The special session occurred less than 24 hours after with representatives of the people in the proverbial trenches on the subject.
Louis Kosiba, the Executive Director of the Illinois Municipal Retirement Fund, Dick Ingram of the Teachers Retirement System and Erika Lindley of theEducation Research Development which represents more than 80 suburban school districts, took an overflow crowd through the dynamics of the pension system in the state.
Biss believes the years of skipped pension payments and other machinations in Springfield are at the heart of the issue.
“The State of Illinois has not been a trustworthy actor for a very long time. That stinks,” he said. “We lied and we lied and we lied. What did we lie about? We lied about how much stuff costs.”
No matter how the situation got to where it is today, something will need to be done eventually. But it will have to be done within the confines of the State Constitution drafted in 1970, which guarantees pension rights, but not the funding.
Also, in the case of pension funding, borrow can’t be done from future generations as other entitlements, according to Kosiba.
“The important thing about a government defined benefit pension like IMRF or TRS is we are trying to prefund those benefits so that when a person retires neither the employer nor the taxpayer nor the member are obligated to pay any more money to fund that benefit,” Kosiba said. “We are not like Social Security which is pay as you go. That is the promise of Social Security; the active workforce will pay for the people who retired.”
Lindley, whose school advocacy organization represents 80 districts in the northern suburbs, said there will be pain involved, but there are already people hurting by the status quo.
“We recognize this is going to impact the livelihood of hundreds of thousands of people and we are also facing a situation that is crushing the state,” Lindley said. “We are also facing a fiscal situation that is crushing the state. The pension obligation is at a point where we can’t spend money on k-12 education, higher education and public safety. In fact we are seeing reductions in all those areas.”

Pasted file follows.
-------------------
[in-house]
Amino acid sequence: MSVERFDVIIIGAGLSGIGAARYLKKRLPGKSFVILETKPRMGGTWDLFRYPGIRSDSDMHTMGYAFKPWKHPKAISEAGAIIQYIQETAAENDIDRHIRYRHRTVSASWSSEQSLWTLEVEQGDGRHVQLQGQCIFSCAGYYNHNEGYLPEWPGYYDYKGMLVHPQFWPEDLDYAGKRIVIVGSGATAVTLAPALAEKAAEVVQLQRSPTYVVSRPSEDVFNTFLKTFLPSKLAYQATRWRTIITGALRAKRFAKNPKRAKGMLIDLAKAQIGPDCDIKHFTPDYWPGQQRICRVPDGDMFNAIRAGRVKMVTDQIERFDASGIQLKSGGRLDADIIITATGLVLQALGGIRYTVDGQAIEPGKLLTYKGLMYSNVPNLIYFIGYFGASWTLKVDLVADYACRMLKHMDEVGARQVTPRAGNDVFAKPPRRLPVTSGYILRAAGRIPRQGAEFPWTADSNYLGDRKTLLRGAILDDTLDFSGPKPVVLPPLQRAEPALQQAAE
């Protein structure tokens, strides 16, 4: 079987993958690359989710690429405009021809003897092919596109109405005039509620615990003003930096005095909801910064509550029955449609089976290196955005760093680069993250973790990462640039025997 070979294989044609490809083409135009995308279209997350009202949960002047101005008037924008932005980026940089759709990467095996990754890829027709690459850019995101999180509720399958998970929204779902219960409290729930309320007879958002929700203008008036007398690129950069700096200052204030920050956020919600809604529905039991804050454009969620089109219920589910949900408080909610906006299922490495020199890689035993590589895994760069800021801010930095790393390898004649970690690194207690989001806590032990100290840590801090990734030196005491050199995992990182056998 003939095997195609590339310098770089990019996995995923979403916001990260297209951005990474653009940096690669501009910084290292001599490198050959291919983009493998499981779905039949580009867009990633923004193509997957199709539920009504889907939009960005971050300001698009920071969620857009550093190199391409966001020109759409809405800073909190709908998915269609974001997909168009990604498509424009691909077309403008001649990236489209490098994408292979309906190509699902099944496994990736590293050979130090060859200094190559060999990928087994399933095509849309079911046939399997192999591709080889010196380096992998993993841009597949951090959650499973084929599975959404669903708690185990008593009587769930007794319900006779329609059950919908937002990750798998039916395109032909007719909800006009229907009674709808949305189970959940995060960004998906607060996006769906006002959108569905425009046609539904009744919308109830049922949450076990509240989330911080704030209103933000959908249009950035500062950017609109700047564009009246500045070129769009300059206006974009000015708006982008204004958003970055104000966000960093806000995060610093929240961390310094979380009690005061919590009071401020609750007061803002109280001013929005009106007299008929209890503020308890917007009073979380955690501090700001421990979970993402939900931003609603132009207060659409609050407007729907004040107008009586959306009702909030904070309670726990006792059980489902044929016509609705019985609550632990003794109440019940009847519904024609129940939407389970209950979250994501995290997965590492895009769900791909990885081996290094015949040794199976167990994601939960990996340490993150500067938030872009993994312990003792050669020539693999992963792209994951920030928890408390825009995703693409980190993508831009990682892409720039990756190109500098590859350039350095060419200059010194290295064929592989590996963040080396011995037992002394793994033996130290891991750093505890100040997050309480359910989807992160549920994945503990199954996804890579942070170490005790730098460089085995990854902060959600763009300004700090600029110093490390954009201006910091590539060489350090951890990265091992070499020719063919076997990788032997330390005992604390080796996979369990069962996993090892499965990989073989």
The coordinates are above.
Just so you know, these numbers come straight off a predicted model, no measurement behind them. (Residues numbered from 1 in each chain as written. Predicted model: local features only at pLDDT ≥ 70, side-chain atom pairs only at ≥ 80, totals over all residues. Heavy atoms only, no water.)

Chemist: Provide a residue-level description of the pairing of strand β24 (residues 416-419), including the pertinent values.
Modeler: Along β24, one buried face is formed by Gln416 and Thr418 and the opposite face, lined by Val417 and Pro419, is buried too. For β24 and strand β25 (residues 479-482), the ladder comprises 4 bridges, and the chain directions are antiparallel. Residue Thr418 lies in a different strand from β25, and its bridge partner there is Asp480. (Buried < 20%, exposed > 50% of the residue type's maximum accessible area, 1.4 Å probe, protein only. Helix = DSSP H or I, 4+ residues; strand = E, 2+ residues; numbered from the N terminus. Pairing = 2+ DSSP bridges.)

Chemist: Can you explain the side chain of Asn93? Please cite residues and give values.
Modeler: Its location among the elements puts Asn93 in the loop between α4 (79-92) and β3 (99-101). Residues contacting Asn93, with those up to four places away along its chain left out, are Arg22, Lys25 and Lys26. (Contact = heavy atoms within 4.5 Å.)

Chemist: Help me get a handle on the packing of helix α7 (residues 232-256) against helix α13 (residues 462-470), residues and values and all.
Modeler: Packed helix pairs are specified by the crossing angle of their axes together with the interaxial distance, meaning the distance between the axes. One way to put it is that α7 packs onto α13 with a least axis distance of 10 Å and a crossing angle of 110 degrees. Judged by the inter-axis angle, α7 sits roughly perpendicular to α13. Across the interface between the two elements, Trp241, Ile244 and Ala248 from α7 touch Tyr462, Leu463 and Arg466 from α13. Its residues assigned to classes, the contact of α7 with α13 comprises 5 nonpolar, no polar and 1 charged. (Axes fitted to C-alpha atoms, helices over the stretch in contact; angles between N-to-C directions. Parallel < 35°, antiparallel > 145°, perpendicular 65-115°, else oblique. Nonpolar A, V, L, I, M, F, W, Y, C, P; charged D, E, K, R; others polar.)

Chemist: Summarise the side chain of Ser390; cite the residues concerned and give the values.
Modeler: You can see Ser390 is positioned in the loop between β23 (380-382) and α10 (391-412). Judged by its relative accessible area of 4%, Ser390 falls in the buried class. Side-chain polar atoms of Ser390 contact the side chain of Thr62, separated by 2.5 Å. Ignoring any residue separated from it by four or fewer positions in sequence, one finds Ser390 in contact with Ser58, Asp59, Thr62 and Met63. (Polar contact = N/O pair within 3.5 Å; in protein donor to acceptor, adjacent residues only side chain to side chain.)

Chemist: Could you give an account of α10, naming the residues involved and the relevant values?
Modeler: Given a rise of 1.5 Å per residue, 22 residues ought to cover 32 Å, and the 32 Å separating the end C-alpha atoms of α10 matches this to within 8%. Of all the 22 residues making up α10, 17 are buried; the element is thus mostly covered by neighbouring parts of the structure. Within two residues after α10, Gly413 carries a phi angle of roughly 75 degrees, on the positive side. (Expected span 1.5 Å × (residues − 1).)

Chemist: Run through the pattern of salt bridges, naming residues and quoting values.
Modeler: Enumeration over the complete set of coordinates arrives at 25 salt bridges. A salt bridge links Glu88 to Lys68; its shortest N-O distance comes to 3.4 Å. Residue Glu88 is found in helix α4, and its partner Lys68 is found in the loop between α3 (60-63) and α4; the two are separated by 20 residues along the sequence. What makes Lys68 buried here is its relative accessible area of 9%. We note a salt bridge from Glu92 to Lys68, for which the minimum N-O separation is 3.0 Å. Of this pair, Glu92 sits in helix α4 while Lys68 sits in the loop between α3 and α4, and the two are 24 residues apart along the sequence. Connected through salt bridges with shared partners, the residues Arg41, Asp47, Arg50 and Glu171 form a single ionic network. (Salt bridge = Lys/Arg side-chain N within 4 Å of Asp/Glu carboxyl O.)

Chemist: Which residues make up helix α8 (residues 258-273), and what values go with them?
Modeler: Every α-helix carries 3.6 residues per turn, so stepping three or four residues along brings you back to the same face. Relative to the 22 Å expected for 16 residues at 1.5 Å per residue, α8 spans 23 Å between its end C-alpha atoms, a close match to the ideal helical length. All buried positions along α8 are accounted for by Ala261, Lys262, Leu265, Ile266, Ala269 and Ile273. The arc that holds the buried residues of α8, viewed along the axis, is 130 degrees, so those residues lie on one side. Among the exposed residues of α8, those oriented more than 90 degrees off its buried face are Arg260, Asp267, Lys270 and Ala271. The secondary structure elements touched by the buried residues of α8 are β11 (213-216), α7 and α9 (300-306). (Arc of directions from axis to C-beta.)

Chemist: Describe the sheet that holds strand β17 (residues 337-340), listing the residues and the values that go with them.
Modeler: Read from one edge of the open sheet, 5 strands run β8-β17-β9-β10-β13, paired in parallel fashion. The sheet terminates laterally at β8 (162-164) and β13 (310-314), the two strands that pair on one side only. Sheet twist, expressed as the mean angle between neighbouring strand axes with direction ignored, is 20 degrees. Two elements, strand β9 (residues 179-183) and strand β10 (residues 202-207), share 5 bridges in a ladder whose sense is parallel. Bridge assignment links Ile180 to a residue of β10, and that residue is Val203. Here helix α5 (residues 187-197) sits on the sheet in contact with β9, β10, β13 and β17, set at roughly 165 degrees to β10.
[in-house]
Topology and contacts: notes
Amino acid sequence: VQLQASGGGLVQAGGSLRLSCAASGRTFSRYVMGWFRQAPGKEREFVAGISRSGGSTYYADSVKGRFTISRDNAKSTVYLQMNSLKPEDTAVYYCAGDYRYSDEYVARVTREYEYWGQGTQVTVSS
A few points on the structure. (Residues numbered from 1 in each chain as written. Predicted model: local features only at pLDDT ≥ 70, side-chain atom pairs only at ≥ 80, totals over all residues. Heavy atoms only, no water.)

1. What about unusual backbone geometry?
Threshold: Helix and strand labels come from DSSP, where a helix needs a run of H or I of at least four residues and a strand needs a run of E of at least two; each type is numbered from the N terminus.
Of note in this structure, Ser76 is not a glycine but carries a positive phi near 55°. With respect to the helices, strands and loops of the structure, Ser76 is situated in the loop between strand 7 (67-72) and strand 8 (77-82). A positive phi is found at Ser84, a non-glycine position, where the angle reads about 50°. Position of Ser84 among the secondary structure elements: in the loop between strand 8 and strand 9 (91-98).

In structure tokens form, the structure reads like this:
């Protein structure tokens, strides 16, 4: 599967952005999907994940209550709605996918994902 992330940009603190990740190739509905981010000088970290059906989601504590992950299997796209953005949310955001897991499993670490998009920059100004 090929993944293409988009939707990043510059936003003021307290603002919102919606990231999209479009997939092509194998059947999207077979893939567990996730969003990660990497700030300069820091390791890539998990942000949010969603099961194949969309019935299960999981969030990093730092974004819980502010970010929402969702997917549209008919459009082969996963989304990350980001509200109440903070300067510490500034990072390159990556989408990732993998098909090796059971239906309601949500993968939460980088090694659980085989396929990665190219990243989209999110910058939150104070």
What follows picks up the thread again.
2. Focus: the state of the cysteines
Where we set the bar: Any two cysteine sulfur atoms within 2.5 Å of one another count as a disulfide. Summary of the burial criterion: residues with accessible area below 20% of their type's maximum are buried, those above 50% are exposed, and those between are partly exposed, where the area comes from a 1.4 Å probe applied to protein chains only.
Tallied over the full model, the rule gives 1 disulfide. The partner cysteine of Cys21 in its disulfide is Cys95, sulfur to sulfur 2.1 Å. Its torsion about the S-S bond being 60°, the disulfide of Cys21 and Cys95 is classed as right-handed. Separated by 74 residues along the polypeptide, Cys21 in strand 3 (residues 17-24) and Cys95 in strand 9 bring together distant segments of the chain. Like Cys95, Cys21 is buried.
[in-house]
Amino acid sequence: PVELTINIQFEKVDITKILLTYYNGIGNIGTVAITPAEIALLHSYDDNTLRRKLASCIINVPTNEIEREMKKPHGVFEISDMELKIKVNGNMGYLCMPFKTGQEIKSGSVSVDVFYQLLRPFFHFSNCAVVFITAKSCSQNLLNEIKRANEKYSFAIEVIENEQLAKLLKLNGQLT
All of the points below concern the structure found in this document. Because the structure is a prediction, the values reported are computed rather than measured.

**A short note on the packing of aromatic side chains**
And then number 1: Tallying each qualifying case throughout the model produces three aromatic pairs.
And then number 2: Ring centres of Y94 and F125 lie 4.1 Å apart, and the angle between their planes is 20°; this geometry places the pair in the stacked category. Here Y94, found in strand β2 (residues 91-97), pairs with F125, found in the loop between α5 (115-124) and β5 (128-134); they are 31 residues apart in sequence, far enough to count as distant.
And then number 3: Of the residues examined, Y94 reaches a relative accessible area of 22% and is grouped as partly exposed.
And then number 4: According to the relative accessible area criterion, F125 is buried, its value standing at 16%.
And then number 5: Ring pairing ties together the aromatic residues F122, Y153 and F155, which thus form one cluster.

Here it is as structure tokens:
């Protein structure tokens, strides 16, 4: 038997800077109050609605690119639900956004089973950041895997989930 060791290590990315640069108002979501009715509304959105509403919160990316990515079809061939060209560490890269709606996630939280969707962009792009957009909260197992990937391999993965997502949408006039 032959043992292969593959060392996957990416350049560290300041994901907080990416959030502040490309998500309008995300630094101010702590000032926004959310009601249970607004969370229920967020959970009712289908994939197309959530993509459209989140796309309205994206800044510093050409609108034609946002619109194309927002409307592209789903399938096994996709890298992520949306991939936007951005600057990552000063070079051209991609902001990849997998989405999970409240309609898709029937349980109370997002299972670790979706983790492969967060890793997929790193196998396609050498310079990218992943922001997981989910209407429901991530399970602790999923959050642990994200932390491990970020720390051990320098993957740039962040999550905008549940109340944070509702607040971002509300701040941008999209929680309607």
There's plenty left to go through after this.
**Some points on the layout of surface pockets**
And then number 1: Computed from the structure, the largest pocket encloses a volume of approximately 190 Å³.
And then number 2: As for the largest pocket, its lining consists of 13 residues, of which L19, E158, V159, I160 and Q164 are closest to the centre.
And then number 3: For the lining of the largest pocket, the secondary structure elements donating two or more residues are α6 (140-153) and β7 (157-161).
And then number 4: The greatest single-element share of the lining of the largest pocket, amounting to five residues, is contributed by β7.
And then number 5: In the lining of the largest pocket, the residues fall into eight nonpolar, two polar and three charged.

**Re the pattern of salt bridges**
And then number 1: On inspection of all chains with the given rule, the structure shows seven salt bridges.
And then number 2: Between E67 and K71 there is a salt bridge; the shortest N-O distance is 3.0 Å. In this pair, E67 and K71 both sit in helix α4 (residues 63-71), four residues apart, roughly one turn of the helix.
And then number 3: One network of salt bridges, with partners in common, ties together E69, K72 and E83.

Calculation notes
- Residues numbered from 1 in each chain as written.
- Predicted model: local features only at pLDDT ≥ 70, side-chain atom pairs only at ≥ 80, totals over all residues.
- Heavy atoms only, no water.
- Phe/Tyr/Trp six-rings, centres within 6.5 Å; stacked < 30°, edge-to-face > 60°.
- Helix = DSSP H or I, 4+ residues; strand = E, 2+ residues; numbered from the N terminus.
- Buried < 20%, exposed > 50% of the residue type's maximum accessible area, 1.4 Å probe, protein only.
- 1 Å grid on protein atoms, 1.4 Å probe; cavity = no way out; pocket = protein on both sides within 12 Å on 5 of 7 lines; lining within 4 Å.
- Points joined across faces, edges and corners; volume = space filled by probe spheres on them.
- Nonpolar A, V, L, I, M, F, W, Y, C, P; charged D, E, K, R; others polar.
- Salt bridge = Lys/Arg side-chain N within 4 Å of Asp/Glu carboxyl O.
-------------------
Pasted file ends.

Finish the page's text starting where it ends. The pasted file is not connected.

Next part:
What residents have to say
The attendees of the forum came away better informed of the problems, but hardly unified as to what to do.
“The fact that school districts don’t have to pay anything is unbelievable,” said Jo Sawyer, a retired communications consultant from Wilmette.
Joan O’ Malley, a retired school administrator from Glenview went another way. “I’d like to see Springfield tax corporations and stop giving out unnecessary benefits. That is on the backs of the citizens,” she said.
Marcia Krohn, a retired teacher from Northfield did not believe her personal financial future was in danger even as she was a member of the IMRF, but looked at the big picture by saying, “I’m worried about the state and there won’t be any money.”
So what will happen now, especially with all members of both chambers up for election in November? It’s very hard to predict. But one thing is certain and that is the problem is getting more expensive every day.
“We have to address this problem,” Nekritz added. “I just don’t know when.”